Bank of England raises UK interest rates from 3% to 3.5%

Ninth consecutive increase aimed at battling inflation

Bank of England governor explains decision to increase interest rates

Bank of England governor explains decision to increase interest rates
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The Bank of England has raised UK interest rates by 0.5 per cent to 3.5 per cent in its ongoing attempts to rein in inflation.

This is the ninth consecutive rise in interest rates since December 2021. Interest rates in November were already at their highest for 14 years.

UK inflation was 10.7 per cent in November, down from a 41-year high of 11.1 per cent in October. The Bank of England (BoE) has an inflation target of 2 per cent.

Members of the BoE's rate-setting Monetary Policy Committee (MPC) were split three ways in their latest decision.

Six of the committee's nine members, including Governor Andrew Bailey, voted for the 0.5 per cent increase. Catherine Mann favoured a 0.75 per cent rise, while Silvana Tenreyro and Swati Dhingra voted for rates to stay unchanged at 3 per cent.

Economists had widely expected the 0.5 per cent rise on Thursday. In November, the bank raised rates by 0.75 per cent, its largest increase in three decades.

What caught many economists by surprise was the three-way division of opinion within the MPC.

"While the 50 basis point (0.5 per cent) increase in the bank rate was as expected, the extent of the divisions across the committee is an eye opener. While it is normal to see policymakers disagree towards the end of a rate cycle, the split makes it more difficult to predict the extent to which interest rates will rise," said Philip Shaw, the chief economist at Investec in London.

The split on the MPC caused a few concerns in the markets.

The British pound weakened against the US dollar immediately after the decision, falling to about $1.23. UK government bond prices were also lower.

Central banks fight inflation

Today's decision was a balancing act between quelling inflation and not slowing economic activity too much, thereby making the widely expected recession even worse.

Not that the Bank of England is alone among the world's central banks in its efforts to stamp on inflation.

The BoE became the latest to follow the lead of the US Federal Reserve, which also raised its benchmark rate by 0.5 per cent on Wednesday.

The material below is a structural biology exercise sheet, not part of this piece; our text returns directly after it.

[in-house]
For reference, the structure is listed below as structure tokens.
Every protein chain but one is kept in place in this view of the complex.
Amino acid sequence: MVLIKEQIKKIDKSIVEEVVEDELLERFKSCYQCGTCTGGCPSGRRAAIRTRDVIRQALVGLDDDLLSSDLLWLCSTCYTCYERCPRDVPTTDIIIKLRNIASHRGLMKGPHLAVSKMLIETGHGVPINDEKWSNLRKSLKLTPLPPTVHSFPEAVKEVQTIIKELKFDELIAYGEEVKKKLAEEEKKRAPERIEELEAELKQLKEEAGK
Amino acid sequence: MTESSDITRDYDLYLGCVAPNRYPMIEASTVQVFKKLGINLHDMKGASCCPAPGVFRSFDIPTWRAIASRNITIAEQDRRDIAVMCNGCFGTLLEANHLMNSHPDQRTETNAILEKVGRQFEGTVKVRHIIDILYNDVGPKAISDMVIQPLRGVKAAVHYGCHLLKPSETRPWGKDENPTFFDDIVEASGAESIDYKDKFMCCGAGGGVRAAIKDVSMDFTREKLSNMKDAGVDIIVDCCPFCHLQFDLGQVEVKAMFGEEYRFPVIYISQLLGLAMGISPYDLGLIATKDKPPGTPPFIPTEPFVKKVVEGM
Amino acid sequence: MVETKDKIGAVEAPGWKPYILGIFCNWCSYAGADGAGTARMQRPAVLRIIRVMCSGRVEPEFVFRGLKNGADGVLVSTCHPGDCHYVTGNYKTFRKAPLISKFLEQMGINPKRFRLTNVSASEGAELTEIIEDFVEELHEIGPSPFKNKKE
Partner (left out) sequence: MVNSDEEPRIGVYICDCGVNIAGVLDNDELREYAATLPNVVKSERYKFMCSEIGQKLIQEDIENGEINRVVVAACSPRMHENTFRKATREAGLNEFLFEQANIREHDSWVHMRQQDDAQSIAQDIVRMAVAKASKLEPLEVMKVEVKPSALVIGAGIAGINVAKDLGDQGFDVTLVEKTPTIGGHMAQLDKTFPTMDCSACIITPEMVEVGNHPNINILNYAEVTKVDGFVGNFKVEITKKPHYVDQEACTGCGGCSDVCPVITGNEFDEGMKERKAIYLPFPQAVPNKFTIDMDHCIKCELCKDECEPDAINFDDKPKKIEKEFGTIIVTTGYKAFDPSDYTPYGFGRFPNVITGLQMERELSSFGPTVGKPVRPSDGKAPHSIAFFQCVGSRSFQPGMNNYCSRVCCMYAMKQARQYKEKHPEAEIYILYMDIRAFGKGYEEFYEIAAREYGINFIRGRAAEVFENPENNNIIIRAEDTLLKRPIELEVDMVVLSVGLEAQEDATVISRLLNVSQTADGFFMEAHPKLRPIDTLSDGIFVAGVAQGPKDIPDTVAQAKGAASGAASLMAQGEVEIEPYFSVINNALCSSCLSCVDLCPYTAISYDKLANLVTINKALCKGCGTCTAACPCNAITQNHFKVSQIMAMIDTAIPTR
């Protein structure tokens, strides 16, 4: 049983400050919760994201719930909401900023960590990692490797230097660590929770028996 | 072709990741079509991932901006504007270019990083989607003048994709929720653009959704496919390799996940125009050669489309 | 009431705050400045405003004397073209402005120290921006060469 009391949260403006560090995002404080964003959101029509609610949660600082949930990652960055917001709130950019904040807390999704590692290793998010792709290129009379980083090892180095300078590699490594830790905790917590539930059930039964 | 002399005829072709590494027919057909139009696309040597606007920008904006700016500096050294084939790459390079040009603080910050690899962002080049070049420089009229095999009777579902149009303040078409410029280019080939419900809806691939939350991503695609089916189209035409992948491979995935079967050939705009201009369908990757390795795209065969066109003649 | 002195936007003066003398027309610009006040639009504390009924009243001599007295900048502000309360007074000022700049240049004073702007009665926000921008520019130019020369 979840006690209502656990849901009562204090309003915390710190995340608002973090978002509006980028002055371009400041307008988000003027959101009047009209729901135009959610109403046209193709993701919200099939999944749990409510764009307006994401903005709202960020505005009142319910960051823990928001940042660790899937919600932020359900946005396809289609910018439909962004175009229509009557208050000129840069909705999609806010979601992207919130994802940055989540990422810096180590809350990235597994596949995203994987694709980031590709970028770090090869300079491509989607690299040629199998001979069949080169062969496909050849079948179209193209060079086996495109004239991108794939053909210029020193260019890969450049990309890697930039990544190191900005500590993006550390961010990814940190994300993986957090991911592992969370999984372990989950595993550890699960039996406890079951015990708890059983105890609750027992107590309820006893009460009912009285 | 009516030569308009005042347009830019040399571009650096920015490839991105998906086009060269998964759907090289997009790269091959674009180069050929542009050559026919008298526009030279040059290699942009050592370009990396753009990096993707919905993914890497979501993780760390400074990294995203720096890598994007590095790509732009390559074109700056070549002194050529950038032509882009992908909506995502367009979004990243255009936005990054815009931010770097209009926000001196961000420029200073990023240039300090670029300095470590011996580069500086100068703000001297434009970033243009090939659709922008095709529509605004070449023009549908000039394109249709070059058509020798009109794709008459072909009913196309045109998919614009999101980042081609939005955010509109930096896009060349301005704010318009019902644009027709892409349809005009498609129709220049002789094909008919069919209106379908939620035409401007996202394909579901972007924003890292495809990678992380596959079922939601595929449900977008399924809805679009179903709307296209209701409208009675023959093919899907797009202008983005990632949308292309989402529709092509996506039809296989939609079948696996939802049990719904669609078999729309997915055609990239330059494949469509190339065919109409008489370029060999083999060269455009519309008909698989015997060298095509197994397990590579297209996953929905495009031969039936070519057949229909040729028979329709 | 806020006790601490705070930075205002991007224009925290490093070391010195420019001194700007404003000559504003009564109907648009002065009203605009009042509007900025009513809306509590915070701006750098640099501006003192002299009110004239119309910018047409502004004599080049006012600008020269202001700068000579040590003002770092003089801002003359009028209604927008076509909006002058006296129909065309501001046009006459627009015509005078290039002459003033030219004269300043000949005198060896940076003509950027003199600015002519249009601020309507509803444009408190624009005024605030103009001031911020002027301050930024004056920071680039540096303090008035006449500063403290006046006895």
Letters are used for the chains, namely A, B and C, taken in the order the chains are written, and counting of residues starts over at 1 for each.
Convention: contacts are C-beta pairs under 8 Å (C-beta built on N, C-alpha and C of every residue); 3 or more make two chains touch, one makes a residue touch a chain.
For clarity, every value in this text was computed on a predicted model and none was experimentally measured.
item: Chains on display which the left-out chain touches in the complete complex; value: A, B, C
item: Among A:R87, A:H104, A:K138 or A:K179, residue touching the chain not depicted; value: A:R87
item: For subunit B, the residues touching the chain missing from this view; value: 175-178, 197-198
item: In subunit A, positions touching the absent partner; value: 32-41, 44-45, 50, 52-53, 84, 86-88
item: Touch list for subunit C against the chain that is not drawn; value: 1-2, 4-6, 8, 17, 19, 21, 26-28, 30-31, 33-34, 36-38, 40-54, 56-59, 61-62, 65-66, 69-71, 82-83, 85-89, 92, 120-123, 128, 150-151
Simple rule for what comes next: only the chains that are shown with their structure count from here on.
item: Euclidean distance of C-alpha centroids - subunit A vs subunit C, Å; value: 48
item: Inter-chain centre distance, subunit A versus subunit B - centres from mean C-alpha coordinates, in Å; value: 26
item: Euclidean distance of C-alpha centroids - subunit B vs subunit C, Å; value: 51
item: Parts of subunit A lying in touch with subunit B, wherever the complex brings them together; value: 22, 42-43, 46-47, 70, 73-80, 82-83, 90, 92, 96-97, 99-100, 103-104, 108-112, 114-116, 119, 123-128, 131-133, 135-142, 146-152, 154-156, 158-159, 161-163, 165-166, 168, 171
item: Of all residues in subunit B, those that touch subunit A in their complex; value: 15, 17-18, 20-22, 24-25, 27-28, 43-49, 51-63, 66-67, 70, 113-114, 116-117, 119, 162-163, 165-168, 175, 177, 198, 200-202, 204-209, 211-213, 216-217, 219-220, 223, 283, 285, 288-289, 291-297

The European Central Bank also raised its rates by 0.5 per cent on Thursday. The central bank for the 19-country eurozone raised its deposit rate to 2 per cent.

Switzerland’s central bank, meanwhile, raised rates by 0.5 per cent and the central bank of Norway increased rates by 0.25 per cent.

Wage demands

In the face of strikes from rail workers, nurses, postal workers and others, the government has prioritised reducing inflation. Unions are demanding wage increases in line with inflation, but on average the government has offered public sector workers pay rises of 5 per cent.

“I know this is tough for people right now, but it is vital that we stick to our plan, working in lockstep with the Bank of England as they take action to return inflation to target. The sooner we grip inflation the better. Any action which risks permanently embedding high prices into our economy will only prolong the pain for everyone, stunting any prospect of economic recovery.” said UK Chancellor Jeremy Hunt after the rate decision.

Rates to rise further in 2023

Economists see UK interest rates rising steadily in the first half of next year, and then possibly start to reduce towards the end of 2023 or early in 2024.

"Following this [rate increase], we could see the bank adopting a wait-and-see approach, with no change to base interest rate as inflation gradually eases during the rest of 2023, and the full impact of higher rates feeds through to lower activity," said Yael Selfin, chief economist at KPMG UK.

"Cuts to interest rates could come as soon as 2024 as the government tightens its purse strings and the economy needs help after the expected recession," she added.

"Overall, the market expectation is for the UK bank rate to rise to 4.5 per cent by mid-2023. This time the MPC seems OK with this assessment, as it dropped its guidance in November [when rates were expected to top 5 per cent in 2023] that the path for interest rates implied by financial markets was too aggressive.” said Janet Mui, head of market analysis at RBC Brewin Dolphin.

With inflation at 10.7 per cent, it is five times higher than the BoE's target. but if the bank put up interest rates by too much too fast, it risks making the outlook for the UK economy much bleaker. But without interest-rate rises, inflation could seriously erode prospects.

"There are going to be more rate hikes. They're not done. There's an element that the bank will stop a little bit before what markets are currently anticipating them to get to. Their own numbers have been pointing to a recession for a little while, and they've still materially hiked interest rates despite that. So I don't think that's going to stop them," said Vivek Paul, UK chief strategist at the Blackrock Investment Institute in London.

"We are not convinced that the UK’s inflation troubles are clearly behind us, and therefore suspect the BoE is still some way away from peak rates." said Karen Ward at JP Morgan Asset Management.

"Inflation may be coming down but it would be premature for the BoE to claim victory in the fight over inflation. The BoE may be able to moderate the pace and speed of interest rate hikes, but we believe we are at least 100 basis points (1 per cent) from the peak."

Updated: December 15, 2022, 11:37 PM